Then in my join condition here, I can say that one of the department numbers is equal to the other one. It is unfortunately all too easy to put the same column on both sides of the equality operator which ends up in a rubbish result. So, what we're saying here is as you work through the sales person table for each sales person, go and get the corresponding row from the department table and then you can access column values from that.
So, first of all I'm going to put dept number into this column list. Just to show you what happens if you refer to an ambiguous column. You will get an ambiguous column name error here, the wording will vary between the database management systems, but basically they say the same thing. It's not just in here where I have to qualify the department number, it's anywhere where I refer to any column. It means as long as you get the right table name you won't get errors. If you get to the wrong table name it will be an invalid column name. The beauty of this is that without reference to any form of documentation, you can see which table is giving you which columns.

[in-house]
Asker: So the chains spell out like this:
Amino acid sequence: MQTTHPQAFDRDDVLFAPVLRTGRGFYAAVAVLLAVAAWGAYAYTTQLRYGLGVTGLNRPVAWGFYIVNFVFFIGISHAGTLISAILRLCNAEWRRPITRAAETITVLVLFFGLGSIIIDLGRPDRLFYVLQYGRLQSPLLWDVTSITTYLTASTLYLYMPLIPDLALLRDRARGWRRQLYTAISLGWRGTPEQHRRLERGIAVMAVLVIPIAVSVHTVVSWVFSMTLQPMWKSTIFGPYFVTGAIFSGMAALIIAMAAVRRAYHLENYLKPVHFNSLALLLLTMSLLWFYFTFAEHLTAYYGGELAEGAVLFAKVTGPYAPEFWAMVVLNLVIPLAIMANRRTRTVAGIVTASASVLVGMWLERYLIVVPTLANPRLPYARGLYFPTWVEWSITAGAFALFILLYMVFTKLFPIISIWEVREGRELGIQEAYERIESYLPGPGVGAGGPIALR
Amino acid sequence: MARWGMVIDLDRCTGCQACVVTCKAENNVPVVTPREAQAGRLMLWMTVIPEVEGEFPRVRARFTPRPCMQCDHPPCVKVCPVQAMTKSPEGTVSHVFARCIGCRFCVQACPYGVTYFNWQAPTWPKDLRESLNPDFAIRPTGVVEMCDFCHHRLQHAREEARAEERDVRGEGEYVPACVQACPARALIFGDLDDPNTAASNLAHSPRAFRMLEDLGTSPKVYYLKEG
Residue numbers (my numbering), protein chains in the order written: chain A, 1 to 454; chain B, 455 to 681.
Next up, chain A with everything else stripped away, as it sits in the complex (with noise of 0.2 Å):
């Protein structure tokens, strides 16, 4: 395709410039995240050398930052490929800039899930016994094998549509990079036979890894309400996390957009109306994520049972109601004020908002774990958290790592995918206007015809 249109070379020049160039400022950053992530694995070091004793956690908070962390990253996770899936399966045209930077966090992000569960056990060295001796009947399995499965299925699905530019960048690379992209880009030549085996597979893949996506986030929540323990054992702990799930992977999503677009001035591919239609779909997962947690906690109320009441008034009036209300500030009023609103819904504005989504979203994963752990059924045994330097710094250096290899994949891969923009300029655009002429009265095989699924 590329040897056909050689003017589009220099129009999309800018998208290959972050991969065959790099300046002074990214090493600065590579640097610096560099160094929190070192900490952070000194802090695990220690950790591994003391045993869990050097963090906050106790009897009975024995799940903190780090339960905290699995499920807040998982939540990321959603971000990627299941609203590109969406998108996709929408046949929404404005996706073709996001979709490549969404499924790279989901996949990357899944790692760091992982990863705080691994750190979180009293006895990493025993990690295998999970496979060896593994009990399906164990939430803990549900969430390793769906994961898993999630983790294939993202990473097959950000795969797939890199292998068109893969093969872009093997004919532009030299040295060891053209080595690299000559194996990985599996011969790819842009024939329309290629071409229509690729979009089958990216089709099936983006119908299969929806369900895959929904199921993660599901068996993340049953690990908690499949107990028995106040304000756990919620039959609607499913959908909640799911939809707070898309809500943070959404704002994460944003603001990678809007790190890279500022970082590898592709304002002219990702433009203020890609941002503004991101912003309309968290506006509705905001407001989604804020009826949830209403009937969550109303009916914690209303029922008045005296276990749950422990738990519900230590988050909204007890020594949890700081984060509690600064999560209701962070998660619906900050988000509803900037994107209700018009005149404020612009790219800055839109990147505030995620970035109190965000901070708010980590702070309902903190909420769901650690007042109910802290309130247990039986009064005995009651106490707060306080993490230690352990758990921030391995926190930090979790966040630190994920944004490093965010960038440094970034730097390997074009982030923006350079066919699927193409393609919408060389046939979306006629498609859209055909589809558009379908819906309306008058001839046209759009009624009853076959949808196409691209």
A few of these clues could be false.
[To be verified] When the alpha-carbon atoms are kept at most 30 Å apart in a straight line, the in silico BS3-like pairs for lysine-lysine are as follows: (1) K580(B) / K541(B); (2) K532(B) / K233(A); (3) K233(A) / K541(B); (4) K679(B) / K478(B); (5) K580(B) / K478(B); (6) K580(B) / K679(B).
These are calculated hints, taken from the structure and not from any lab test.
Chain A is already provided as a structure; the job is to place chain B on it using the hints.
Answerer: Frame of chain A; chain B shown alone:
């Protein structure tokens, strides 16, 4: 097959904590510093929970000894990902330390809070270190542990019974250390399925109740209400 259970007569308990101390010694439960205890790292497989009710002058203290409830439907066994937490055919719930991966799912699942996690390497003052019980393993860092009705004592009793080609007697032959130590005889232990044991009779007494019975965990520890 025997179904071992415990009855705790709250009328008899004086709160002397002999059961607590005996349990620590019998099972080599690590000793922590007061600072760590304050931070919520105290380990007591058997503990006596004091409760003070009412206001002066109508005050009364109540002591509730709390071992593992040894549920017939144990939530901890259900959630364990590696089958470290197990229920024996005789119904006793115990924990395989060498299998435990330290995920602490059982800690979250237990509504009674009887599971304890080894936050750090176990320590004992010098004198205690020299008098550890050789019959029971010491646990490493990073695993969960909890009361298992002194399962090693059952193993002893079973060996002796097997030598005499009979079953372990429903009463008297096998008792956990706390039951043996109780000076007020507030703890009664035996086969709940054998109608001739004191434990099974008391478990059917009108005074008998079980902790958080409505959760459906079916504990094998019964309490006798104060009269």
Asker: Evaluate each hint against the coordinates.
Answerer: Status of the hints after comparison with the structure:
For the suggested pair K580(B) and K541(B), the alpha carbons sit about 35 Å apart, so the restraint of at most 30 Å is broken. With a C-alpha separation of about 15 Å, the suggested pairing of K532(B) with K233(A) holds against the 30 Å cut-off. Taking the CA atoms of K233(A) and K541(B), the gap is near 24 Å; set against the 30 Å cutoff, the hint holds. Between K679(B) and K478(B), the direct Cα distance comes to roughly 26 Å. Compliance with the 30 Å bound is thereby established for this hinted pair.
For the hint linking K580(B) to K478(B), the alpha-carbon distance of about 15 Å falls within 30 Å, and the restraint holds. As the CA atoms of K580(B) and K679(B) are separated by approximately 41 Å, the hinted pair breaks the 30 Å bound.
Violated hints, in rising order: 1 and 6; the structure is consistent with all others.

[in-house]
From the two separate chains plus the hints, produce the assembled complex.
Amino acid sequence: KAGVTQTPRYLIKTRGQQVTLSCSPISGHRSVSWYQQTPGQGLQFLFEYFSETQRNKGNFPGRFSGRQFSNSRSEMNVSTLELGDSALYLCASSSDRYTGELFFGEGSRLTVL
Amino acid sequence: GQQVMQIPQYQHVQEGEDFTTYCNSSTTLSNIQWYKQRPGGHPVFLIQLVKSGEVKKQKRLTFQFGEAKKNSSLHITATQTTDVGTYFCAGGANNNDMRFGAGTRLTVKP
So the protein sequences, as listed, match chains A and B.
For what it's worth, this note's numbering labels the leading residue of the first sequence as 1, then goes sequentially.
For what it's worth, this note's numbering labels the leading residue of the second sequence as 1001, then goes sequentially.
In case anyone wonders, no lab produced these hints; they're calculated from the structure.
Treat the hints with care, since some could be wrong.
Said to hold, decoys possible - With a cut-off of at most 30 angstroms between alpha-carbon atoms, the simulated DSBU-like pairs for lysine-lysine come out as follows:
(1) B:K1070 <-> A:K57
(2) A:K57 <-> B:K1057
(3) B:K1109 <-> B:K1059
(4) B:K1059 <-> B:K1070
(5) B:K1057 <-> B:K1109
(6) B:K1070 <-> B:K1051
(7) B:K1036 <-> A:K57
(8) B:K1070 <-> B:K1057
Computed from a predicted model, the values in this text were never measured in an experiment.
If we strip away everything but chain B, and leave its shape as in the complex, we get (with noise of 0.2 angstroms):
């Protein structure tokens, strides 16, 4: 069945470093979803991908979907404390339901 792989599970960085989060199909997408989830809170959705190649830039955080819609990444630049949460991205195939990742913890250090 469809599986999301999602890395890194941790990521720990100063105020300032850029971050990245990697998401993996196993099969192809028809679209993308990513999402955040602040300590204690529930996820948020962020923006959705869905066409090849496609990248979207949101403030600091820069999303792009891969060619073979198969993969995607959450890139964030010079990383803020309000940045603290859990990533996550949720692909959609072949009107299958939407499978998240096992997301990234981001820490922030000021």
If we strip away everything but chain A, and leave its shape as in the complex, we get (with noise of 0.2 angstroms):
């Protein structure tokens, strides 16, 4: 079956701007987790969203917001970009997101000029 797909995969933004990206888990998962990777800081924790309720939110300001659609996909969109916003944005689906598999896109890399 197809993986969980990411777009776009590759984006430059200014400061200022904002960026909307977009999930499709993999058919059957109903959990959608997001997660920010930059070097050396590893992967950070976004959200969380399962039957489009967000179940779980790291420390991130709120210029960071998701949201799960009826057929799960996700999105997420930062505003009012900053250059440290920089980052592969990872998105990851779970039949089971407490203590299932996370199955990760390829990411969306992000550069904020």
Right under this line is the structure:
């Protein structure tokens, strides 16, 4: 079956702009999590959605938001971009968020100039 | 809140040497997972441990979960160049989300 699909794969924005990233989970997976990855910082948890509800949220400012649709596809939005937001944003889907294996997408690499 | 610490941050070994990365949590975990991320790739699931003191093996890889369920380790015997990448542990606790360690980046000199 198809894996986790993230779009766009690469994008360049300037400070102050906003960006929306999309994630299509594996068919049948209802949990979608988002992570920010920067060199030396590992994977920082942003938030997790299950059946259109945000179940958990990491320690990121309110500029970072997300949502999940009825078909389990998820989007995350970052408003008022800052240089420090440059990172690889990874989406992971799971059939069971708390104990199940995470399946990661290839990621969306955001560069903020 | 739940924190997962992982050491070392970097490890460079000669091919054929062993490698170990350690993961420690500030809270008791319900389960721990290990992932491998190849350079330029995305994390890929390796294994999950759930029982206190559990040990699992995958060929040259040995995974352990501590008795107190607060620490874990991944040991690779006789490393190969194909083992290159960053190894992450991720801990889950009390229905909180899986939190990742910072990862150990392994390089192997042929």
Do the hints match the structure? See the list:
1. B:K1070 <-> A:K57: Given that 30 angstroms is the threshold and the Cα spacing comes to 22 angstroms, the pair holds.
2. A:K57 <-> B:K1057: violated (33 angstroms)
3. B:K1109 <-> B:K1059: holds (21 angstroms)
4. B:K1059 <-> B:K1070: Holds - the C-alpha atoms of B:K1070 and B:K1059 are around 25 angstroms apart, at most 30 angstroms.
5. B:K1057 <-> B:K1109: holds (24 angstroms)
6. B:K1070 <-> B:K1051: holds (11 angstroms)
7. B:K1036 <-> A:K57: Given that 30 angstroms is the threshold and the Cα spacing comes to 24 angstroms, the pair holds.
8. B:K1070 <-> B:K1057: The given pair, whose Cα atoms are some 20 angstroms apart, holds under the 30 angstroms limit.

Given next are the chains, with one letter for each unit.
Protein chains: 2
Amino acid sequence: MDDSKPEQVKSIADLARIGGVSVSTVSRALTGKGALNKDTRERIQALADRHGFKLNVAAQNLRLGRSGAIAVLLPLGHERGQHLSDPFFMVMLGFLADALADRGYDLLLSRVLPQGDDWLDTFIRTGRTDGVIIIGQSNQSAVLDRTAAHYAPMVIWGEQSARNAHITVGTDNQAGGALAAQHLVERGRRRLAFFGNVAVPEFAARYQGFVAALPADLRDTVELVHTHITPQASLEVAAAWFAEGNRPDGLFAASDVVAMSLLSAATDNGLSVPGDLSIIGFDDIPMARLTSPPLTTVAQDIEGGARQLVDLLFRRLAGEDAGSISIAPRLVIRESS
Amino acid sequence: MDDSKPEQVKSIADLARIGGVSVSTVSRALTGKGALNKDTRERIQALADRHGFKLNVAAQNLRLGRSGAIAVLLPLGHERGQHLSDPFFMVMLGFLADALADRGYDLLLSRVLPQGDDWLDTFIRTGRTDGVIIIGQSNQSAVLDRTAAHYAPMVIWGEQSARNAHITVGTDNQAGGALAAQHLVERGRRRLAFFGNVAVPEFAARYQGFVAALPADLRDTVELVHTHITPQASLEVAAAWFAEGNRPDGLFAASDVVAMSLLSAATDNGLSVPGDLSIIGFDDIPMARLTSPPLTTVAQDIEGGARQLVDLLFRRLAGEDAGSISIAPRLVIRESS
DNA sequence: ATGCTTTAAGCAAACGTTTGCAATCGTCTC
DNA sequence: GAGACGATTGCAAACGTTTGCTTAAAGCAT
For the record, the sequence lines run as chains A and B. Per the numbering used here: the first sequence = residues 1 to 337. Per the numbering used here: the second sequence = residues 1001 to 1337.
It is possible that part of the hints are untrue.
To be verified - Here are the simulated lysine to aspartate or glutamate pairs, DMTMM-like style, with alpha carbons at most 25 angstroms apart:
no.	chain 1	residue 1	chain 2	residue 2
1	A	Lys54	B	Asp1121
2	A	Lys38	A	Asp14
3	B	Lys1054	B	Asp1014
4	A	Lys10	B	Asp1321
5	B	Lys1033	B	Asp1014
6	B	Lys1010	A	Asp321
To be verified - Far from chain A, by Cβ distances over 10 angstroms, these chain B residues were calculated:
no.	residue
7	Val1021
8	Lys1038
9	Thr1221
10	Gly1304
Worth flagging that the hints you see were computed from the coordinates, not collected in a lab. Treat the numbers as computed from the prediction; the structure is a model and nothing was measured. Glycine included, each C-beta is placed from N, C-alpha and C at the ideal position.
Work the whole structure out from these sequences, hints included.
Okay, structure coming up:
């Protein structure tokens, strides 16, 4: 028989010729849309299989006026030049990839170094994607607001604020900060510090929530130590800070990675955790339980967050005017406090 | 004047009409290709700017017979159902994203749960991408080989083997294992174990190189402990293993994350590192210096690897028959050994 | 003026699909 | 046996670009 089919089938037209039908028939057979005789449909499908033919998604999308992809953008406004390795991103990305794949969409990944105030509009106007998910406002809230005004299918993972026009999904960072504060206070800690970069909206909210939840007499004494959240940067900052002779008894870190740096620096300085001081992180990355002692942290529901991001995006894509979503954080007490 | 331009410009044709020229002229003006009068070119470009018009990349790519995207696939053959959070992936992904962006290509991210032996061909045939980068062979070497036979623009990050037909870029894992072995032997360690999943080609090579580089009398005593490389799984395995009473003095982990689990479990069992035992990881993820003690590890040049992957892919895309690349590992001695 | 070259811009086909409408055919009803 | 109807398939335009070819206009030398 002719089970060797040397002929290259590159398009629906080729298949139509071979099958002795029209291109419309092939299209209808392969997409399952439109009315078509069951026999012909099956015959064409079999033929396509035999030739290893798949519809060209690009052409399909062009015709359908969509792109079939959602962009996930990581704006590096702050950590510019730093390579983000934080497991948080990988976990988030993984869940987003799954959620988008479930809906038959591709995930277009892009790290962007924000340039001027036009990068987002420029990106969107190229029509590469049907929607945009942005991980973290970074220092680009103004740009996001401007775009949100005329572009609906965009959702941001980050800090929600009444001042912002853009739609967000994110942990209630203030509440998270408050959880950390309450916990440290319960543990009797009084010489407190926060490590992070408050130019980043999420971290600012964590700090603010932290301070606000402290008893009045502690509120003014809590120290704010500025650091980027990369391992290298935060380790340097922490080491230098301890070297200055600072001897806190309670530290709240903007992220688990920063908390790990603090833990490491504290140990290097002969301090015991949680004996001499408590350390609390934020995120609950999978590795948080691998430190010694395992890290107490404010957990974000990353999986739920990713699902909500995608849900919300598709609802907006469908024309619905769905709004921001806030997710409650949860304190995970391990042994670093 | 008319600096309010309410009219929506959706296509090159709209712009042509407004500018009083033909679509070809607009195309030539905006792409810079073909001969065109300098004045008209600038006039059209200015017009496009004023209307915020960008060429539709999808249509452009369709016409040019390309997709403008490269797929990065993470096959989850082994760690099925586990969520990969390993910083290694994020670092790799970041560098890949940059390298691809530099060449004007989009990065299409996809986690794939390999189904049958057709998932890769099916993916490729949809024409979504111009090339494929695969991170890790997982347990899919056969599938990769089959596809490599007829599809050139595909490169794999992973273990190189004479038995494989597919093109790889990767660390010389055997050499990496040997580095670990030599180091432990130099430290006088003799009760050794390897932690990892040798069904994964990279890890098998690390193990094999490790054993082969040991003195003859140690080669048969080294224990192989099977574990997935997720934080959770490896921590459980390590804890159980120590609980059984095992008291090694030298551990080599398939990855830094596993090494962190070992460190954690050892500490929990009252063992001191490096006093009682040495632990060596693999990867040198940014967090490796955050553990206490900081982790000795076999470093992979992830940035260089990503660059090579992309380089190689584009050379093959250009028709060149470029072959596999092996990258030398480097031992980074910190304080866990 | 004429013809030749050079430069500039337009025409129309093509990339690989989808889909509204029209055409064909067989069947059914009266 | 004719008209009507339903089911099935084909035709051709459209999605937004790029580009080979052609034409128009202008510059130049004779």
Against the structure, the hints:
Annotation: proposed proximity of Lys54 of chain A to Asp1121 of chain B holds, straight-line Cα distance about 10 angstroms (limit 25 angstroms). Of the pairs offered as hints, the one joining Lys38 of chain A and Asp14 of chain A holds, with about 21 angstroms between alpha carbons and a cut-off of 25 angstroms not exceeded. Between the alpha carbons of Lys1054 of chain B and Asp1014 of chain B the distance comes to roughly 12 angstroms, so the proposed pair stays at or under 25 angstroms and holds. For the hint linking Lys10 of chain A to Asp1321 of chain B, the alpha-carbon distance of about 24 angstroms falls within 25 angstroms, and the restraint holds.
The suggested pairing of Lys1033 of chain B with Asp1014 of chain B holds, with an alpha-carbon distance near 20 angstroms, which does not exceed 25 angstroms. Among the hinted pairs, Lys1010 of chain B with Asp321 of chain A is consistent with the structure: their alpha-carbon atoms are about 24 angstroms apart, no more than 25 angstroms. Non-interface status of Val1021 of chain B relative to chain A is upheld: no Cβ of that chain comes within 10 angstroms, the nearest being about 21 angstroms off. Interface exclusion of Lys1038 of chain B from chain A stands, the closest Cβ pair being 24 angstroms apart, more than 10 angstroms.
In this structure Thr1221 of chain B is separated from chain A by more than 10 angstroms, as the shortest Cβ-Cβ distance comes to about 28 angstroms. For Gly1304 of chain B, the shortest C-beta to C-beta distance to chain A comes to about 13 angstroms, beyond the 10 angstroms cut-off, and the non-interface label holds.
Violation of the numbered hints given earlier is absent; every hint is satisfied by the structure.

Now, strictly speaking, you could do that with the full table names for every column and not even have a table alias, but that's a lot more typing. One thing I might substitute by the way is to start using a more vertical format. People argue whether SQL is a programming language. It's not a programming language in the same sense as general purpose programming languages, but it is a language and so that is a form of programming, and that is what I would call self documenting code. It helps us understand where things are coming from and this is telling me that it's coming from table called D. D is the dept table, that's listing the sales people and information from the department. I can now pick any column from either of these two tables for each of these sales people we want to get their sales.